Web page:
Monday, August 27, 2012
The third newest pattern! They are all at the printers and will be available September 1st, 2012. I am excited to share them all with you.
This little beehive has so many possibilities. I will be showing more samples in the next few weeks after the patterns are released. Stay tuned!
The beehive pattern comes in two sizes: small and large. The small felted beehive measures about 3-1/2 inches tall and the large, about 5-inches tall.
In the olden days, beehive skeps were baskets made of grass or straw. They were used for housing a colony of bees as they produced their honeycomb. Now you can knit and felt a whimsical small or large beehive as a tribute to the hardest - the honey bee!
Speaking of honey bees, I am going to be selling the bee pins and buttons, as shown above, on my Etsy shoppe. I love these bee pins! They come from Just Another Button Company. Each pin and button is made from polymer clay with whimsical detailing. Stay tuned!
Happy knitting & felting!
Thursday, August 16, 2012
I got this great idea to show the 'before' and 'after' photos of my little brushed bunny. Yes, that little nap riser brush makes all the difference. Who would know such a small brush can create such hairiness?
The brush fits nicely on your finger and gives you lots of control while brushing, to get into those delicate spots like around the face. The nap riser brush works great on alpaca or mohair yarns, pulling out the fibers especially after felting.
The bunny screams "touch me" again and again. And if you do and the fibers become flattened, simply brush again! That simple.
The yarn used on this little Woolly Bunny was Frog Tree's alpaca sport grey, two strands carried together. I love Frog Tree yarns! A great yarn for knitting and felting with.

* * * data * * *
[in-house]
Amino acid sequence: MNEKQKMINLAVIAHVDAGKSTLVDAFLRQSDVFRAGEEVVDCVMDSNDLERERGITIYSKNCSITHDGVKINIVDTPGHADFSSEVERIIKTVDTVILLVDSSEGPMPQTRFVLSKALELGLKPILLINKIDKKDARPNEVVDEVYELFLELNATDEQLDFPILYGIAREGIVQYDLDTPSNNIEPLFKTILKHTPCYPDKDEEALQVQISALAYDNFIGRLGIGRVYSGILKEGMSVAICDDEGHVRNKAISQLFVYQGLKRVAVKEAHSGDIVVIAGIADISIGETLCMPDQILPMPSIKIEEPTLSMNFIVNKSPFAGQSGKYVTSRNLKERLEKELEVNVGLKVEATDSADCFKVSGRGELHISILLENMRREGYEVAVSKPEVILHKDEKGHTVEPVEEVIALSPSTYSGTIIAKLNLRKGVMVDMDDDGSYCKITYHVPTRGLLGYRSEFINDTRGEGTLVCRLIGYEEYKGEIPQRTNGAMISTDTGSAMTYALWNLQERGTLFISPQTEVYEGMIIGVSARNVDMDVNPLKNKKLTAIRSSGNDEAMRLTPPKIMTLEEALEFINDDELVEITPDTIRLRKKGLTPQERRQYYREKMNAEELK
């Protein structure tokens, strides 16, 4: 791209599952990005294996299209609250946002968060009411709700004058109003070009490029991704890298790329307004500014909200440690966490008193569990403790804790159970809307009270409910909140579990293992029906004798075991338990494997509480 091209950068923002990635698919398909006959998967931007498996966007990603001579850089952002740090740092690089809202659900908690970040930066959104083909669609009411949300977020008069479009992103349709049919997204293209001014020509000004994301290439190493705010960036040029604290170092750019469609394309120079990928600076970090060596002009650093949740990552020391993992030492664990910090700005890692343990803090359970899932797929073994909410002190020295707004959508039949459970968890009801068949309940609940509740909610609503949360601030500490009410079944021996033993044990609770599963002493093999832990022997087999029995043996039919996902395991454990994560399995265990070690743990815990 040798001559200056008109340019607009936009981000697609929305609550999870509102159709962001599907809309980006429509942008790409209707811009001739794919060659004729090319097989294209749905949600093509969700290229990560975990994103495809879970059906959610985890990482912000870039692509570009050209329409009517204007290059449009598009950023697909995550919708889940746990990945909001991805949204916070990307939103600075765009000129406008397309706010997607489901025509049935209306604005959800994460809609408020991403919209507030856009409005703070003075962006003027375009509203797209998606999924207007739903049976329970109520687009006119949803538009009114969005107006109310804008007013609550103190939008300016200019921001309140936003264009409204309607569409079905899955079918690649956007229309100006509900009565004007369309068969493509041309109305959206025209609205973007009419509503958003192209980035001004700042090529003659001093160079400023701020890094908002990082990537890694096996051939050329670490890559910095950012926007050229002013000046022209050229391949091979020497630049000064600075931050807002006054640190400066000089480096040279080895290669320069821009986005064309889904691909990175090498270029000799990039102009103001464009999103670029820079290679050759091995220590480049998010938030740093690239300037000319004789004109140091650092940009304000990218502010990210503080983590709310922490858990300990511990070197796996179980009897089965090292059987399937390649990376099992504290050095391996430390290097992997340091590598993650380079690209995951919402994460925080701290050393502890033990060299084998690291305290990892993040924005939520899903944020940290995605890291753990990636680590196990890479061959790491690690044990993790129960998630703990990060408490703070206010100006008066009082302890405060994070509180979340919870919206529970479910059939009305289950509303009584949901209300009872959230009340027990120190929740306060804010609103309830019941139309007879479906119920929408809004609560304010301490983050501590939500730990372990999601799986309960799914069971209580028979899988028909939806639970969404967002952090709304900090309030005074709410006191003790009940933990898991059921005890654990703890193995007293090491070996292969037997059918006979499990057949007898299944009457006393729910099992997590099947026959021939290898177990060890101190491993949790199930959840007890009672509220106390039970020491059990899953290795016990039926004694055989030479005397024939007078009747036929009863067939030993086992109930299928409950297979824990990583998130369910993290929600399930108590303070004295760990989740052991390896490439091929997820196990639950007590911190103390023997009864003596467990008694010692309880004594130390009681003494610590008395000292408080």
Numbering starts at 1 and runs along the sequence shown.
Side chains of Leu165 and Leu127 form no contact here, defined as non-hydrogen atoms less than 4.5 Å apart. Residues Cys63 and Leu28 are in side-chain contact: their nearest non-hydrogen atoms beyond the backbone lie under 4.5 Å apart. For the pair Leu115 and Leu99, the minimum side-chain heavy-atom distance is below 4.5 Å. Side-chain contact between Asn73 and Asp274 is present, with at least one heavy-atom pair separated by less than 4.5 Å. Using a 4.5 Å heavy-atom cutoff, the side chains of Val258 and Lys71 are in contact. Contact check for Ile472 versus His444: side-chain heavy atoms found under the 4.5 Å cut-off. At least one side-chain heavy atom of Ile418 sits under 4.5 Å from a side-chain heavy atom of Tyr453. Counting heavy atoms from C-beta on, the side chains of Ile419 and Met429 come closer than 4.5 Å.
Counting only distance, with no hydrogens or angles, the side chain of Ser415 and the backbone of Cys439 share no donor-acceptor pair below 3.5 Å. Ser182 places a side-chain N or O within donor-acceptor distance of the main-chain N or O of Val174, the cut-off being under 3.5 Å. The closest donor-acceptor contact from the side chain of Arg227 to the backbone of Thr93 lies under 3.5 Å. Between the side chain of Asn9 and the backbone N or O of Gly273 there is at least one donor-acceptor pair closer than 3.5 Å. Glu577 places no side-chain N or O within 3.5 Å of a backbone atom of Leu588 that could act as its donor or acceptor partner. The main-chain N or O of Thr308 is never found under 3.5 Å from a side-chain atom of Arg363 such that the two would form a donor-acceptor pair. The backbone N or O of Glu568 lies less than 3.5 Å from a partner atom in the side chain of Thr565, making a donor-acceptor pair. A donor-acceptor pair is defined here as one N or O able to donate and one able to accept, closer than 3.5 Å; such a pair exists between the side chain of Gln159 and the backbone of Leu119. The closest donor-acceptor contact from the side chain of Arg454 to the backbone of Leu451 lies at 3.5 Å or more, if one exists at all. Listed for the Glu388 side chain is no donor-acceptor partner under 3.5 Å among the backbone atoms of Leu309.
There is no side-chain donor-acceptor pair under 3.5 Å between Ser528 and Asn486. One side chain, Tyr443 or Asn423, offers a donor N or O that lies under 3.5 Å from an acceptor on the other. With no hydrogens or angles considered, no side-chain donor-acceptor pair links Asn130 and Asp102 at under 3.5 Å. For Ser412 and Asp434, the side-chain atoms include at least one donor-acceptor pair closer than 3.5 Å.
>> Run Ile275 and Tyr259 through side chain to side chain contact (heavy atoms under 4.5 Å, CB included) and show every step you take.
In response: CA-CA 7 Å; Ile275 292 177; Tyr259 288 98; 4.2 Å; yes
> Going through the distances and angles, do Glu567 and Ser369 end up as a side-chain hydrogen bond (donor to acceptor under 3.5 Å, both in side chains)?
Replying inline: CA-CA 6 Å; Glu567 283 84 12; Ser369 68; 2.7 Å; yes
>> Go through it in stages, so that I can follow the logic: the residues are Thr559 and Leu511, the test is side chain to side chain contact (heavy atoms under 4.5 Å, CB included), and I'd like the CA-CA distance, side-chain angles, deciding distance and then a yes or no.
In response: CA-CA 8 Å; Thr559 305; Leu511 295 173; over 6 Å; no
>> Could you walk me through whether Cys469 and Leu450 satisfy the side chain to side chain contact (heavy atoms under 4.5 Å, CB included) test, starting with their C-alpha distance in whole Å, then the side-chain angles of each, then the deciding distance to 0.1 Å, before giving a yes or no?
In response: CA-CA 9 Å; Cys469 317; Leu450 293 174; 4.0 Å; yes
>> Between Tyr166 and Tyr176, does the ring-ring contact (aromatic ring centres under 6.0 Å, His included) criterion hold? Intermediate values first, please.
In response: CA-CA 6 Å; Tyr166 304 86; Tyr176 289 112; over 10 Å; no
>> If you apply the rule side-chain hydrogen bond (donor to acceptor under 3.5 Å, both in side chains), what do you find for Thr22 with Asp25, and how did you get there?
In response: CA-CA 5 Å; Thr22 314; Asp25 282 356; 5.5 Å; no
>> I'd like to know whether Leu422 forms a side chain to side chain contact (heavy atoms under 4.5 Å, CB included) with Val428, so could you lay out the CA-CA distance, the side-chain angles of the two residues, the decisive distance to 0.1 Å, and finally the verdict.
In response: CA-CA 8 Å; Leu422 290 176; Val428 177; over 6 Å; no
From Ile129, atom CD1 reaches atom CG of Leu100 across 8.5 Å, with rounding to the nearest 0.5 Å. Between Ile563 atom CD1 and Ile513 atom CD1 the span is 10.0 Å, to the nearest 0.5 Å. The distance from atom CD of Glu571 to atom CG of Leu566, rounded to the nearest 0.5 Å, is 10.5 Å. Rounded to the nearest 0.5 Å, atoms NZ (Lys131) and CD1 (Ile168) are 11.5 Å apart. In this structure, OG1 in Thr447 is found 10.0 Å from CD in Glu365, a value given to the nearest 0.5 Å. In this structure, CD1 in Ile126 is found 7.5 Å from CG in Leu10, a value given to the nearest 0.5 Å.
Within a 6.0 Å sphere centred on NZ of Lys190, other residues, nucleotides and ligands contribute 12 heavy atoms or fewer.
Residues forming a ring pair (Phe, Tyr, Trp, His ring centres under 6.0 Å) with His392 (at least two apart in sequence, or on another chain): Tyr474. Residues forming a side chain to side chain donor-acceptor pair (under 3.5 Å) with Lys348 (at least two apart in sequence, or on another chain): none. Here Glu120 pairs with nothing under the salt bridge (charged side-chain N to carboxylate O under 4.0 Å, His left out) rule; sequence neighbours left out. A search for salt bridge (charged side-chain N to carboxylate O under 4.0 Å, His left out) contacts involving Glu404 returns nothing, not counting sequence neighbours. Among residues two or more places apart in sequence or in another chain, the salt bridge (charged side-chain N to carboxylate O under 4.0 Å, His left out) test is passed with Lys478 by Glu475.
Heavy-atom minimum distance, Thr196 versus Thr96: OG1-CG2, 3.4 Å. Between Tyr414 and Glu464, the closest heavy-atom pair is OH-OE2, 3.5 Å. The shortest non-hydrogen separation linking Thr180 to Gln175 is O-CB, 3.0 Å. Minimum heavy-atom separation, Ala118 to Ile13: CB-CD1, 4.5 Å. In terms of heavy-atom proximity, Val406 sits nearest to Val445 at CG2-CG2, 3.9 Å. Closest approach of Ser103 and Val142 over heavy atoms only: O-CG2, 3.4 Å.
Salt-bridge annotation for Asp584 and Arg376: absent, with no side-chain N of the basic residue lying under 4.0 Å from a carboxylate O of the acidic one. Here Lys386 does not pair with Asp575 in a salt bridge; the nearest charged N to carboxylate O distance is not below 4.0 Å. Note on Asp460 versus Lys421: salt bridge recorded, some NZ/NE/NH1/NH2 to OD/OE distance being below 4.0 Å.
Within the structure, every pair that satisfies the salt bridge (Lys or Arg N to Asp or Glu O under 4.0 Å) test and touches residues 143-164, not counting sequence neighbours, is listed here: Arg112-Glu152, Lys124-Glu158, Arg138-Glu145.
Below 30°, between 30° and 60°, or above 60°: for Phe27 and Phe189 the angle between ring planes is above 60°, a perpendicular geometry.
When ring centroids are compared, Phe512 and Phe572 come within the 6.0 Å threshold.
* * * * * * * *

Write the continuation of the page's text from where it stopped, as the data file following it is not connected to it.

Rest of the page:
Tuesday, August 14, 2012
There are three sizes of dolls: large, medium and small, but I call them: Mother, Teen and Child. They appear as if to nest, but they do not. I made a decision early on to not make them nesting. That way I would have more flexibility in embellishing them if they had a solid inside.
For the cover photo I have kept the dolls fairly simple. I have felted a set of all-red dolls and plan on more elaborate needle felting scenes and motifs to go across their dresses. I will take photos of them once I have finished them.
I am shooting for the first of September as their birth date. Stay tuned.
Wednesday, August 1, 2012
|Click on photo to enlarge.|
The tutorial is straight forward and easy to follow with lots of photos. Just remember to wind the ball loosely to not 'stress' the yarn and don't lose track of the inside end. The blog's author cautions that when using "some delicate or 'sticky' yarns, such as mohair or lace-weight silk yarn, it can be difficult to pull from the center, as their strands tend to stick together and tangle. In these cases, it is best to knit from the outside of the ball." Good to know!
I then tested out my new ball of yarn by knitting double stranded, pulling from both the center and the outside. It worked slick! A great reference.